7 Takeaways From the New 'Currents' Exhibition at SLAM

By Krystin Arneson
In Culture

On Oct. 23, Saint Louis Art Museum’s ongoing contemporary arts series, “Currents,” shined a light on two artists from St. Louis (now practicing in Brooklyn) who work together to explore memories of the childhood they shared growing up as brothers. We checked out the mixed media exhibition last week. Here’s seven things to know about “Currents 111: Steven and William Ladd,” which runs through Feb. 14, 2016.

Steven and William Ladd | Photo by Nick , courtesy of the artists

Steven and William Ladd | Photo by Nick Lee, 2015, courtesy of the artists

1/ The titles of the works in the series “Sports or Scouts?” reference specific memories and allude to either sports or scouts through their color schemes (the “sports” ones are brighter, like colors of grade-school team jerseys; the “scouts” ones are more subdued, calling to mind earth and nature). “Cardinal Nation,” for instance, refers to the hometown baseball team the Ladd brothers idolized growing up.

2/ Get up close and personal to “Dad-n-Lad,” a new performance sculpture comprised of 48 boxes. The tented lids lift up to reveal landscapes that mimic the Missouri topography the brothers covered on scouting trips.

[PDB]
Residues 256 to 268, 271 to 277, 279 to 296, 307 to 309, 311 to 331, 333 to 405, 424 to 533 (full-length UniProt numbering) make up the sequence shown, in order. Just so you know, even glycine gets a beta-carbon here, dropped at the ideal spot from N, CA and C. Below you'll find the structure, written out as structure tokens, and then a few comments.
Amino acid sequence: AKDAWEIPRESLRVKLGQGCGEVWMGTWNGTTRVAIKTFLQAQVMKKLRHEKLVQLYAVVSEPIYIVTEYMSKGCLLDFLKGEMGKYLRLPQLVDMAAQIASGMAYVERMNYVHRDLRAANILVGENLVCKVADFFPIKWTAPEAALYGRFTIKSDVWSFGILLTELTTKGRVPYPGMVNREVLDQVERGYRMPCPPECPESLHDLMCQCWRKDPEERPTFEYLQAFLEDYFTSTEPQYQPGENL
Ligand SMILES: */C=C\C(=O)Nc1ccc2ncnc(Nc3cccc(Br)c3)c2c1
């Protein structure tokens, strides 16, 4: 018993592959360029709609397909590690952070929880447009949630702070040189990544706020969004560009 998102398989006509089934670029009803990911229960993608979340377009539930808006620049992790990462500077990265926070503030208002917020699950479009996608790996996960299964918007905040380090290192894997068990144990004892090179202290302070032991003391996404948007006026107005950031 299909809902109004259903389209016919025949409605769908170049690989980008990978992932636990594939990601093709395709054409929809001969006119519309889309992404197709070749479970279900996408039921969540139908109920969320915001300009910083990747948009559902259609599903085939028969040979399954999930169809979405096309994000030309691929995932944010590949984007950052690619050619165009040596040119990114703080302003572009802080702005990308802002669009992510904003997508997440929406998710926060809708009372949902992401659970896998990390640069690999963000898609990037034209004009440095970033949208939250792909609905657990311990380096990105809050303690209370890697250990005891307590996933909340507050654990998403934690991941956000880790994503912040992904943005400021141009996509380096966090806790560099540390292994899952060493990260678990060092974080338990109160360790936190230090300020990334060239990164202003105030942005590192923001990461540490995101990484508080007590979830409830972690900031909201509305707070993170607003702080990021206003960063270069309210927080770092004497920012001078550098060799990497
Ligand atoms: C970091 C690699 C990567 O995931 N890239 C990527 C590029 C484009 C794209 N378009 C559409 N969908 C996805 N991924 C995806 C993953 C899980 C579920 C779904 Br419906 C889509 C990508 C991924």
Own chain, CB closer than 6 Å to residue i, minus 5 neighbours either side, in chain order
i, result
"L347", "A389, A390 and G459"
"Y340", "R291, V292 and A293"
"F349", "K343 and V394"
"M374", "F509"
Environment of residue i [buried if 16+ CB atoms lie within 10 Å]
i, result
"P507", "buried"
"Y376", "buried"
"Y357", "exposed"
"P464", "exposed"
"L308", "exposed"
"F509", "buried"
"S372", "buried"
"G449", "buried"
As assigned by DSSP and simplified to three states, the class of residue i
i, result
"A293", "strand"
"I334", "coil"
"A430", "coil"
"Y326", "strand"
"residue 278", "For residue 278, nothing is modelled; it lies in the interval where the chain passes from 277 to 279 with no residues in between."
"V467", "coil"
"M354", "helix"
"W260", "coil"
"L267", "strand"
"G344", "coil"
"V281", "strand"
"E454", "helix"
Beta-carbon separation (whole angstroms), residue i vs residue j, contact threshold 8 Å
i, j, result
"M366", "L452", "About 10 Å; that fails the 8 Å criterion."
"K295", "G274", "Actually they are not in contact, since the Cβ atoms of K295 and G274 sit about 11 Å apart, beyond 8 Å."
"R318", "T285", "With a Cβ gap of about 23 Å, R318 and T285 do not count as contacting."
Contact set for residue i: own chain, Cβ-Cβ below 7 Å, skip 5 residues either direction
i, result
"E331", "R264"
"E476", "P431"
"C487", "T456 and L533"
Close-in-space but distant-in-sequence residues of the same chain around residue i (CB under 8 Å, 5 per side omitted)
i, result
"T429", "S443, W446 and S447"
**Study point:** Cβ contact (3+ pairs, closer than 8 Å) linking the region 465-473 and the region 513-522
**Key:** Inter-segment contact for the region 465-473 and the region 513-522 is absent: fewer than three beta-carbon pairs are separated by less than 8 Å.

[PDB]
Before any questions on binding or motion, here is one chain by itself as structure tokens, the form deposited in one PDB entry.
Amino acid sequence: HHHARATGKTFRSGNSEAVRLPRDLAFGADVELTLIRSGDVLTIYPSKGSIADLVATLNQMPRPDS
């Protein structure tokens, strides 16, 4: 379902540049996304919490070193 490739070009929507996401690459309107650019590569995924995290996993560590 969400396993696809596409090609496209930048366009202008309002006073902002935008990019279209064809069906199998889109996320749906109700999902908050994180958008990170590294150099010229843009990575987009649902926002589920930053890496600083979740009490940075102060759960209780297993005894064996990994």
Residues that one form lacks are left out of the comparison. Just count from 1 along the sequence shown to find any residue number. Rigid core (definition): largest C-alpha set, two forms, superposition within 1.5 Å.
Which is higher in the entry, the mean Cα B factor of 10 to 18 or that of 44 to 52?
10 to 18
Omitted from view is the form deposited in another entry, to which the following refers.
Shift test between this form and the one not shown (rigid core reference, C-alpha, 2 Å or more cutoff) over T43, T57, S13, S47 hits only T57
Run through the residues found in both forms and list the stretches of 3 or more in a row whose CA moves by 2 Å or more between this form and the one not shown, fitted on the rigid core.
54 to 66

"Cardinal Nation," 2015; paper, glue, wheat starch, metal beads, metal trinkets, glass beads, crystal beads, pins, screws, dye, mesh, staples, and wood, 59 ½ x 39 ½ x 1 inches | Photo courtesy of the artists. © Steven and William Ladd, all rights reserved, 2015.

“Cardinal Nation,” 2015; paper, glue, wheat starch, metal beads, metal trinkets, glass beads, crystal beads, pins, screws, dye, mesh, staples, and wood, 59 ½ x 39 ½ x 1 inches | Photo courtesy of the artists. © Steven and William Ladd, all rights reserved, 2015.

3/ Anti-ant visitors, beware: A strong memory from the brothers’ childhoods involves opening a box of toys only to find ants streaming out of it. That trauma manifests itself in some strange ways throughout their artwork.

4/ The brothers are super passionate about working with youth in the communities they live in and visit as artists. “Scrollathon,” happening later in the exhiition’s lifespan, will bring together school children to make fabric scrolls like the ones the brothers use in their artwork (and will later be turned into artwork as well).

5/ Working together runs in the family: Their dad was an electrician, as were their uncles, and often the men would work together on the same job.

6/ If you’re ever stuck for artist inspiration, go back to the things you collected as a child: In this case, a childhood collection of beads finds a home in the brothers’ artwork, which also incorporates glass, fabric and paper on the canvas in unique and visually alluring ways.

7/ Head downstairs to check out the Alexandria and Charleston period rooms—and, in them, the brothers’ insect interventions.

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